were also homologous to previously described XMRV sequences. ln this case, sequence variability was low or absent Interestingly, most of changes observed corresponded to G to A mutations that were accumulated in one positive sample.

Conclusions: Despite the discrepancies observed in the different PCR approaches using gag, pol or env sequences, our data suggest that EBV transformed B cell lines harbor XMRV
specific sequences, and therefore this cell type may represent a reservoir for XMRV contributing to its potential pathogenesis.


NB. If someone uses the OCR tool, you'd get a better result (less spelling errors) if you have a large/high def screen.
 

mojoey

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This was reposted from mecfsforums.com with the poster's permission:

--------------------------------------------------------------------------------------------------------

Abstract: O_11

XMRV in Chronic Fatigue Syndrome: A Pilot Study

M.R. Hanson, L.L. Lee, L. Lin, D.E. Bell, D. Ruppert, D. S. Bell

Cornell University, Dept of Molecular Biology and Genetics, Ithaca NY, USA; State University of New York, Dept of Medical Anthropology, Buffalo NY, USA; Cornell University, School of Operations Research and Information Engineering, Ithaca NY, USA; State University of New York, dept of Pediatrics, Buffalo NY, USA

Background:

In October 2009, Lombardi et all repoted detection of XMRV in blood of persons with CFS. Since then, four studies that performed PCR analysis on DNA from blood of CFS patients failed to detect XMRV. The present blinded study was undertaken to determine whether XMRV could be detected in peripheral blood mononuclear cells (PBMCs) from three small groups of subjects from a single geographic area.

Materials and methods:

The 30 adult subjects of this study were divided into three groups of ten persons each: severely ill with CFS, recovered from CFS, and a control group lacking a CFS diagnosis at any time. Inclusion did not require that they became ill in the time frame or in the exact location of a cluster of CFS in Lyndonville, NY. All patients in group 1 ("severe CFS") currently meet Fukuda criteria. The individuals in group 2 ("recovered CFS") had met Fukuda criteria for CFS at one time in the past, but presently considered themselves recovered. One patient in group 1 and seven in group 2 are considered part of the "Lyndonville outbreak". The ten persons included in group 3 "healthy, non-household contact controls" have never experienced a CFS-like illness, are healthy, and have never lived with persons with CFS. Average ages of the three groups are 42.2, 39, 49.8, respectively; and M:F ratio is 2:8 6:4, 2:8. All thirty subjects completed seven different clinical survey instruments including the SF-36. Blood was collected in EDTA tubes and PBMCs and plasma separated within 24 hours of draw. Plasma from some samples was incubated with LNCaP cells. The Invitrogen Superscript (R) VILO (TM) cDNA Synthesis Kit was used to produce cDNA from RNA isolated from PBMCs or LNCaP cells. Nested PCR with USB Hot-Start IT FideliTaq was performed using the Gag O-Gag l primers originally described by Urisman et al. PCR products were separated on gels and any bands of approximately 400 bp were sequenced and analyzed by BLAST for similarity to the XMRV gag gene. PCR with mouse COX2 primers was performed on all cDNA preparations to rule out mouse cell contamination.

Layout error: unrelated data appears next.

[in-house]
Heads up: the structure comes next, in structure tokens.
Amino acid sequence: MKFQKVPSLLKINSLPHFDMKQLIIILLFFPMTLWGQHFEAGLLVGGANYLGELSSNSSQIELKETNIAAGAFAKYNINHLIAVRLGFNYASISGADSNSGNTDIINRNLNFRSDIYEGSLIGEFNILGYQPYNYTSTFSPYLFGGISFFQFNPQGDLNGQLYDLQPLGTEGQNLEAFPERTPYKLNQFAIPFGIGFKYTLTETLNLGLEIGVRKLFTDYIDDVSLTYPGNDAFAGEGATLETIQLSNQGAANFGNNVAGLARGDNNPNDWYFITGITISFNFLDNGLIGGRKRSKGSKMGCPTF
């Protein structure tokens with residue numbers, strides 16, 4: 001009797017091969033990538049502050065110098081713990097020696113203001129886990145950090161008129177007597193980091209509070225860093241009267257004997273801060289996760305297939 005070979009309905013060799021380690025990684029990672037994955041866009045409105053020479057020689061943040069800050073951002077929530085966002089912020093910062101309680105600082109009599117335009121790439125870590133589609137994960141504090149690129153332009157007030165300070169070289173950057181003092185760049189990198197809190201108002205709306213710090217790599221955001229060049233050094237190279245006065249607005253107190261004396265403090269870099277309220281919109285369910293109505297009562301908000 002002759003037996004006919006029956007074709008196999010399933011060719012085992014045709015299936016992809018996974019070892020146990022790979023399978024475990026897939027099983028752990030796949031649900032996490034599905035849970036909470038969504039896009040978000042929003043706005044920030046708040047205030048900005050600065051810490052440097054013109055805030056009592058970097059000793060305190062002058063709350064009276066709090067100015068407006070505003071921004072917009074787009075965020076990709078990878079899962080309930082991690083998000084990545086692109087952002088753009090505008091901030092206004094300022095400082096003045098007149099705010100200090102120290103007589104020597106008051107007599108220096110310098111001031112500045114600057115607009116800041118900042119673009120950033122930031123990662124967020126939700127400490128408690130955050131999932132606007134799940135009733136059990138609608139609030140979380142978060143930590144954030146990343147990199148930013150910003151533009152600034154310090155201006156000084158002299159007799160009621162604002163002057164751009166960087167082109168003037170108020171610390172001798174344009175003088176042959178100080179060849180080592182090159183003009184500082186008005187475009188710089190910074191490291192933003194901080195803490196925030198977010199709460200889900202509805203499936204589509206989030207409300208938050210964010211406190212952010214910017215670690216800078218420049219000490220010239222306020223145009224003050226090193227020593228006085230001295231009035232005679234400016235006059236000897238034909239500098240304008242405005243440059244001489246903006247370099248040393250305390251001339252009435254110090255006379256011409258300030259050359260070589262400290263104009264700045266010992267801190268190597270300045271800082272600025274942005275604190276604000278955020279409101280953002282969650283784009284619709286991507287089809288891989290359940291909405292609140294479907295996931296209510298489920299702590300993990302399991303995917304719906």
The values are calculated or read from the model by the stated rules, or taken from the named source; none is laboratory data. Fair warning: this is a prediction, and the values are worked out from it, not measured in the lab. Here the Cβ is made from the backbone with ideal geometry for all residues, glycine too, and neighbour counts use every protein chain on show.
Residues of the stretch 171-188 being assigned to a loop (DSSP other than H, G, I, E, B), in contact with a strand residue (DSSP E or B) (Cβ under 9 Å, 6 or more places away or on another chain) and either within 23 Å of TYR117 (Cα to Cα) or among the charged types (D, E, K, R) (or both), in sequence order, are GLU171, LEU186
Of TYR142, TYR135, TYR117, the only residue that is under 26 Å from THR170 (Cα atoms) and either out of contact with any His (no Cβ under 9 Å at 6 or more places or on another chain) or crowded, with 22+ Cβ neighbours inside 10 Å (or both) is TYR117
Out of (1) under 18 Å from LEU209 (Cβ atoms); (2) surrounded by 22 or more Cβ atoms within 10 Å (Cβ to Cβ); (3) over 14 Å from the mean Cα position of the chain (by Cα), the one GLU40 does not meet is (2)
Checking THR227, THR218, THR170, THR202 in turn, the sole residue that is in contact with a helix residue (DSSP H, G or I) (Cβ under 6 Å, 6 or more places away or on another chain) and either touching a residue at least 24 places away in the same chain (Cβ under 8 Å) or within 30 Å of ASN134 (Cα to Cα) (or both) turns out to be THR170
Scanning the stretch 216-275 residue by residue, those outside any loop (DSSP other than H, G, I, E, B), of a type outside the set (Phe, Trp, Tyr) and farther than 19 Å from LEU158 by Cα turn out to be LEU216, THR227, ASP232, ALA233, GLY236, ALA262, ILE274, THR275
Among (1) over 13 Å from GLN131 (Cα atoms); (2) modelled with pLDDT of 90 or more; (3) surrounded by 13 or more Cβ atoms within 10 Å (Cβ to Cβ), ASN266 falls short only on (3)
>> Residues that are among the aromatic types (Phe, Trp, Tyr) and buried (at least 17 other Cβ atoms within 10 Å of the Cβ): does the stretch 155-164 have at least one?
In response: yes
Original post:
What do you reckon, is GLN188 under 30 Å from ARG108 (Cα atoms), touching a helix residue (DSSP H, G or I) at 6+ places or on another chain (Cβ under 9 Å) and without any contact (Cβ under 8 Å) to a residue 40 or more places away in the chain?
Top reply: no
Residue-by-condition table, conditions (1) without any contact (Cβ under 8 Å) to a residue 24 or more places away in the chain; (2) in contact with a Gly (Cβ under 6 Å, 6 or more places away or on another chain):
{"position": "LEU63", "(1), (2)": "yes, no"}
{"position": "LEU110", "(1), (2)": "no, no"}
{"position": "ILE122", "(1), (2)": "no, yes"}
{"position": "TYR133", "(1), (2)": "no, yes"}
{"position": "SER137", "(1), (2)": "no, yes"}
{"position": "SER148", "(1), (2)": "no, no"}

Results:

XMRV gag sequences were detected in eight of the "severe CFS", three of the "recovered CFS" and in one of the controls. Plasma from six blood samples, five CFS and one control, was incubated with LNCaP cells; the six cultures were passaged six times. The five cultures found to exhibit XMRV gag sequences were those inoculated with CFS patient plastma. Although group 2 members described themselves as recovered, their scores on the SF-36 were significantly lower than the healthy control group, according to Hoteling's T2 test. Tukey's multiple comparison of means indicates that there are highly significant differences between the scores of the "severe" and controls on all 7 instruments.

Conclusions:

XMRV gag sequences were detected in a higher percentage of severe or recovered CFS cases (55%) compared to controls (10%) with one-sided p-value=0.0118. Human plasma samples from CFS cases contain infectious XMRV. Our results corroborate those of Lombardi et al.
 

Sasha

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Abstract: O_11

XMRV in Chronic Fatigue Syndrome: A Pilot Study

M.R. Hanson, L.L. Lee, L. Lin, D.E. Bell, D. Ruppert, D. S. Bell
Thanks, Mojoey - that's the one I mentioned earlier. I thought it was really exciting - another confirmation study - so why is it so quiet in here???! Is this thread invisible or something? Or have we just got blase now...
 

Sasha

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Actually, would anyone care to comment on the higher prevalence of XMRV in the plasma of present vs "recovered" CFSers in the study (8/10 vs 3/10)? It's clear that the "recovered" weren't fully recovered, according to the description of their physical functioning.

Oddly, 1/10 of the present CFS group and 7/10 of the "recovered" were from the Lyndonville outbreak - somehow I'd have expected Lyndonville people to be more likely to be XMRV+.

Small numbers of course but if they generalised, would it be possible for all/most of the CFS people to be XMRV+ to a similar degree whether "recovered" or not but for XMRV to be less likely to be detected in plasma in the recovered group? And if so, why?